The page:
More than 2.14 billion people worldwide are expected to purchase goods and services online this year. That statistic offers a simple takeaway: For your brand to succeed, you need an online presence — and it starts with a website.
While design and cost are often primary concerns, there’s another key consideration when it comes to creating these digital content delivery frameworks: time. The longer it takes to build, test, and deploy your website, the more potential customers you’re losing to other businesses that have already made the shift.
But what does a realistic timeline look like? What steps are part of the website development process, and how much time does each one take? What are your options when it comes to designing and deploying your site, and how do they impact the overall time required?
Here’s what you need to know about how long it really takes to build a functional website from scratch.
Website Development: An Overview
While it’s possible to design and build a website in-house, most businesses opt for professional web development firms or freelancers to ensure the reliability and usability of their site.
From the outside looking in, many websites seem simple: A few menus here, a few buttons there, some links and some images, and you’re done, right?
In practice, the process of building a website with a development firm typically encompasses six steps:
Research and selection
Initial communication and goal setting
Creating an action plan
Design mockups and feedback
Review and revision
Let’s take a look at each of these steps in more detail, and how long each typically takes.
Research and Selection (1 week - 1 month)
The first step in website building is selecting your developer. Depending on your needs and budget, this part of the process could take between one week and one month.
For example, if you’re a small business looking to create a simple webpage that gets your message and brand online, a quick compare and contrast of several smaller website development firms may be all it takes to select one and start the process. If you own or manage a larger company, multiple management layers may be involved in the decision which could extend this stage by several weeks.
In both cases, key considerations remain the same: You’re looking for a development firm with a solid reputation for delivering on-time and on-budget, and you’re also looking for one that aligns with your brand’s style and aesthetic. This second consideration is far more subjective, meaning it’s worth comparing multiple providers to see which one best matches your vision for your brand.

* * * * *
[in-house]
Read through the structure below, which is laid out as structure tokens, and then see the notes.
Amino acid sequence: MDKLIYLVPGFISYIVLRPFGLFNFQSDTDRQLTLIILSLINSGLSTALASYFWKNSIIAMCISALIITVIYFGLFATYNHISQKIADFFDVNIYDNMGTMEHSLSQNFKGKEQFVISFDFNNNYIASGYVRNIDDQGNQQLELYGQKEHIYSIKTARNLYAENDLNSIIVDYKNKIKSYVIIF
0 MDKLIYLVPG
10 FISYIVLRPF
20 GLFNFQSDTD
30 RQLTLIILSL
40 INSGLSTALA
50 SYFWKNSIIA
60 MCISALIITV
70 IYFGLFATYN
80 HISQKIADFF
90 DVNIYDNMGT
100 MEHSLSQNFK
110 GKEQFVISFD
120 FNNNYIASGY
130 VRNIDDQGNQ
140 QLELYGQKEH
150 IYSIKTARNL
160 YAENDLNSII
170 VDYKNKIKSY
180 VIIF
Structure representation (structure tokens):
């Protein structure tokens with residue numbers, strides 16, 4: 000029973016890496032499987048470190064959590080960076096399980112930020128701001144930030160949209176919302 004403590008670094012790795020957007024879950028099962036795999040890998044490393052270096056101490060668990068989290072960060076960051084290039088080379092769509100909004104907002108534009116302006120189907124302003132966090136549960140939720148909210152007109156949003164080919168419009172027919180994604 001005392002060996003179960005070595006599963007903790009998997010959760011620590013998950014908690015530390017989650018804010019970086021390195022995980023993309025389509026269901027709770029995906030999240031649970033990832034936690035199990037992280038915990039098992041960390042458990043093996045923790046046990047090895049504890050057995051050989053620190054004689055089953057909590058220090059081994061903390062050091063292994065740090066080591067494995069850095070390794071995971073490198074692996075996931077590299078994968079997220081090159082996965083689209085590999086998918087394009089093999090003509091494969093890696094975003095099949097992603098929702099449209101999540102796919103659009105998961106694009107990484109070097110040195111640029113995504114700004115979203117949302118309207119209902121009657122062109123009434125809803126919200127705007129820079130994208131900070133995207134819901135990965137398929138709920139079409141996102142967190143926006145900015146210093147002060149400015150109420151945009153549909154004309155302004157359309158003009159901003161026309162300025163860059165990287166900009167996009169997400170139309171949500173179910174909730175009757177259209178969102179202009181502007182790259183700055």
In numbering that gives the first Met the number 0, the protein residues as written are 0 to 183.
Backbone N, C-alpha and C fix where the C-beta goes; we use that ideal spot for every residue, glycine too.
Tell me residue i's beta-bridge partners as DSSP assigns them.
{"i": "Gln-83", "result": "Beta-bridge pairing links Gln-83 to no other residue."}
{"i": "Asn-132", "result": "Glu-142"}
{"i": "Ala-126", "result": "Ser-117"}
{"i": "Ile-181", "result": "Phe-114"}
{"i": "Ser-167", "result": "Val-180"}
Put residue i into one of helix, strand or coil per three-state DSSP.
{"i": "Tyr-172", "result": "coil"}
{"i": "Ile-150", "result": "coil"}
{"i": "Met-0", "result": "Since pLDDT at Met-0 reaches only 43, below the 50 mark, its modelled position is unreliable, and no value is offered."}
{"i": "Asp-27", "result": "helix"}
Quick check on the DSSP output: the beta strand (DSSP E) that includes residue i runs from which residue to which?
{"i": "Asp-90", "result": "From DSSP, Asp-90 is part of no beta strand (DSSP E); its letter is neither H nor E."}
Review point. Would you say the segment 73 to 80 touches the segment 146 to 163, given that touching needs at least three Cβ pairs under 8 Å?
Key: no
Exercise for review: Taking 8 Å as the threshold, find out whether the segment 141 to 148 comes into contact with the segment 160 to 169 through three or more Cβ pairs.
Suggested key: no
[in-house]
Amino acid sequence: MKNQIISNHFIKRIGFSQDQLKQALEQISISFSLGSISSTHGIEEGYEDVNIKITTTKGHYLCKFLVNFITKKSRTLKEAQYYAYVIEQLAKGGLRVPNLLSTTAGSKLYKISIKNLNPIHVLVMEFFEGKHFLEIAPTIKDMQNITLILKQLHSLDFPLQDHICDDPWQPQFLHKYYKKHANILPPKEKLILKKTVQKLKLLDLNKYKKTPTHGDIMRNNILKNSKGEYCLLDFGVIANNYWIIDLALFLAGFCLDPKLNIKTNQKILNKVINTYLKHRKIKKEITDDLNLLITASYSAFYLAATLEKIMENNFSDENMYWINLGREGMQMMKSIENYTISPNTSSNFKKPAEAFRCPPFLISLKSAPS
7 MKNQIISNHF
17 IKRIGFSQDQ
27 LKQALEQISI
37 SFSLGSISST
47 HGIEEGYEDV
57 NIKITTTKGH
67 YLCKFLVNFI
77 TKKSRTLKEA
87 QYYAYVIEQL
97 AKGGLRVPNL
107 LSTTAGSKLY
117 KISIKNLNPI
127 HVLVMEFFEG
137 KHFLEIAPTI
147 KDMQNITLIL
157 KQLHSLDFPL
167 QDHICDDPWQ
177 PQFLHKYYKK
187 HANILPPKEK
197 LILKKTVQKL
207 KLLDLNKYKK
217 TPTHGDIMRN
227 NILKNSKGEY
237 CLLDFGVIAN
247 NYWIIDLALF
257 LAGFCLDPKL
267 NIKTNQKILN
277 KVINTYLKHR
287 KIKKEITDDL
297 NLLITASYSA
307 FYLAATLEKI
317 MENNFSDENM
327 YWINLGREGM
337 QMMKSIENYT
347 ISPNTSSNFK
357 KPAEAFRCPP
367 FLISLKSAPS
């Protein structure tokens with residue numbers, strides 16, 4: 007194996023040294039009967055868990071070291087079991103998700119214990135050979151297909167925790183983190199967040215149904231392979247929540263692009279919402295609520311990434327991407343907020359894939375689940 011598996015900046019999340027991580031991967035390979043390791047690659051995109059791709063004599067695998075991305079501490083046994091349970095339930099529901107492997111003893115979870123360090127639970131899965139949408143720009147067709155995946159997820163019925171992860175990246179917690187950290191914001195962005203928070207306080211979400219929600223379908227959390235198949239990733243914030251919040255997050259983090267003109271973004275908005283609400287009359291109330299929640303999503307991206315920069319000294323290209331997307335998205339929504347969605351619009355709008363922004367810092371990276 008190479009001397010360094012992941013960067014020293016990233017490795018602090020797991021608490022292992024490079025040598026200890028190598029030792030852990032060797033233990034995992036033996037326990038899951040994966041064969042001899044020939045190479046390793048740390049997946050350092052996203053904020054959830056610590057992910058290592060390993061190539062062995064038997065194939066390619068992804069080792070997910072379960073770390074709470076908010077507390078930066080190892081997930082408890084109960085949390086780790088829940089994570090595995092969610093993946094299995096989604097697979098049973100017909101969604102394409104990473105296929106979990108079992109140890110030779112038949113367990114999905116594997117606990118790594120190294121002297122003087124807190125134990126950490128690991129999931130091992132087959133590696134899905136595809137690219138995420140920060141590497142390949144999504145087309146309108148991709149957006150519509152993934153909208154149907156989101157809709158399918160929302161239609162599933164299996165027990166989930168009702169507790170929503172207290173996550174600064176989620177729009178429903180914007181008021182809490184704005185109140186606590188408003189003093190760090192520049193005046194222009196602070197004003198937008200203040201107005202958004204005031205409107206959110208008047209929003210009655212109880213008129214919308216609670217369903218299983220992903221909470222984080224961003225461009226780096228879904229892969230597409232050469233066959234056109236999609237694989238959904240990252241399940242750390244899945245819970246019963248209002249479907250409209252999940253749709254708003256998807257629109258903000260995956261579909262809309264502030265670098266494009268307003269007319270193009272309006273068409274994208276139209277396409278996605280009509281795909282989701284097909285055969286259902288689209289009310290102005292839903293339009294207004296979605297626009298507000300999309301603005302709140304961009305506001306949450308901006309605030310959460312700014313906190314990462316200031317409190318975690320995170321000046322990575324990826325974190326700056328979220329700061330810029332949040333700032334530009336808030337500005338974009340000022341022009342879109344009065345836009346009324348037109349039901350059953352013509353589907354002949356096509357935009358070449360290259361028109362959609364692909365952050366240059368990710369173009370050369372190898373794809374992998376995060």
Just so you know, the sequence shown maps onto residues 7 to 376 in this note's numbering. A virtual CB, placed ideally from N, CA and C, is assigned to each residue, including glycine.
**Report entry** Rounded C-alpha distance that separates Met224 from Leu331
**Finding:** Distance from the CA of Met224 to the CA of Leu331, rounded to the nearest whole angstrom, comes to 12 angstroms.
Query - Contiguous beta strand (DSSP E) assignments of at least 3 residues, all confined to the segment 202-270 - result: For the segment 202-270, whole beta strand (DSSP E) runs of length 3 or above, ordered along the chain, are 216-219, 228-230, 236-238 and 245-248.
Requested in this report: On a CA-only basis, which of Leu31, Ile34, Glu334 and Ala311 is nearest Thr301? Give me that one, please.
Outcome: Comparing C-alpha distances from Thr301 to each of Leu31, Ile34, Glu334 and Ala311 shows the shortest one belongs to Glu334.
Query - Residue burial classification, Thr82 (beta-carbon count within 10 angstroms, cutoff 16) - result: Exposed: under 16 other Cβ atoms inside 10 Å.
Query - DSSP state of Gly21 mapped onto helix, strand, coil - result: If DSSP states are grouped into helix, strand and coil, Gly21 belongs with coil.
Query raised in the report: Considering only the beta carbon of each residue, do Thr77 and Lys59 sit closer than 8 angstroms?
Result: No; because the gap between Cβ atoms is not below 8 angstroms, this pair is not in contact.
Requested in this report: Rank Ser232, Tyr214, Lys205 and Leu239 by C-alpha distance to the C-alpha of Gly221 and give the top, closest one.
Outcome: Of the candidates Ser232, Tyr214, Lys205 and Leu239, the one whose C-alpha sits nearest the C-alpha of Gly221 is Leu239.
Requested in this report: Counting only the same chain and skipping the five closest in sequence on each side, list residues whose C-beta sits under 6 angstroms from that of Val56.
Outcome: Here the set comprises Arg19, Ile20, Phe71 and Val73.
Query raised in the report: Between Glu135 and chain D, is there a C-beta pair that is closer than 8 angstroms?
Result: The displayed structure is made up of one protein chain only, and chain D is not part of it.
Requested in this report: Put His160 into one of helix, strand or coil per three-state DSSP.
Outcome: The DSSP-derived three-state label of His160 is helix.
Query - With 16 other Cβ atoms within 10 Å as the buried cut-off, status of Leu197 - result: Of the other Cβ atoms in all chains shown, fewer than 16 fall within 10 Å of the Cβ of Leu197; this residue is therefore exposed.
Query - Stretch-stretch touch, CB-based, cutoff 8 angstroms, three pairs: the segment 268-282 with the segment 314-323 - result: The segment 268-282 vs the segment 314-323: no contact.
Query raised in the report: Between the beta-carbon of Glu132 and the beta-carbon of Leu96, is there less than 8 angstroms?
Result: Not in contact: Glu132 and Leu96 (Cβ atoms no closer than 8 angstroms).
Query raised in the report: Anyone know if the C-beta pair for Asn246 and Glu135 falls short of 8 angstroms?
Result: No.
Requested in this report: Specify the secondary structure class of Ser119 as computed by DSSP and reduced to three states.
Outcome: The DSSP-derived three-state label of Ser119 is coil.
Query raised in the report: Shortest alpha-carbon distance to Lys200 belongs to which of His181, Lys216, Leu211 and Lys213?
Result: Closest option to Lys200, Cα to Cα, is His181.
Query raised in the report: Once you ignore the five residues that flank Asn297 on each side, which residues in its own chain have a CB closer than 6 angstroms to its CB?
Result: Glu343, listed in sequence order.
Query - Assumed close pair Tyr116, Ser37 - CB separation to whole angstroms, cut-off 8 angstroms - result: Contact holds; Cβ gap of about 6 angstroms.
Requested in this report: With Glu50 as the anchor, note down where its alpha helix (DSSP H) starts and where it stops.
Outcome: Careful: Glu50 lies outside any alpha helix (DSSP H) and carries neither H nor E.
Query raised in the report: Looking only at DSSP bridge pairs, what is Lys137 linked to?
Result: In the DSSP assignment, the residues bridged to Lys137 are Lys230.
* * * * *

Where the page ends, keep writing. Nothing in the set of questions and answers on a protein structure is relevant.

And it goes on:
Initial Communication and Goal Setting (1 - 3 weeks)
Once you’ve selected a developer, the next step in the process is getting in touch and setting out basic design goals.
Here, you’ve got two choices. You can let the developer make all the decisions based on information you provide about your brand’s vision, mission, and desired outcome. Or, come prepared with a basic idea of what you want the finished product to look like.
While giving your developer a blank slate means less work for you up-front, it also means they have to spend more time reviewing your brand and creating several proposals. If you provide a general outline, meanwhile, developers can hit the ground running and offer specific feedback on what works, what doesn’t, and what could be added to improve your website’s impact.
Creating an Action Plan (1 - 2 weeks)
Equipped with your expectations, developers will create several basic website plans that they’ll share with your team. You’ll review these action plans to determine if they fit your requirements or miss the mark. If they’re in line with your expectations, you’ll also suggest specific additions or revisions, which will prompt another round of plans from your developer.
Expect this step to take between one and two weeks as you communicate back-and-forth with your developer to determine the best course of action.
Design Mockups and Feedback (2 - 3 weeks)
Design mockups and feedback come next. Think of these mockups as a very basic version of the finished website product. Also called wireframes, these mockups provide a sense of where things like text, images, and buttons will appear on your website along with the general scale of these elements.
You should get a mockup of every page that will be included on your website. If you’re hiring a developer to create your homepage, about us page, service pages, and product pages, you’ll want a mockup of each one.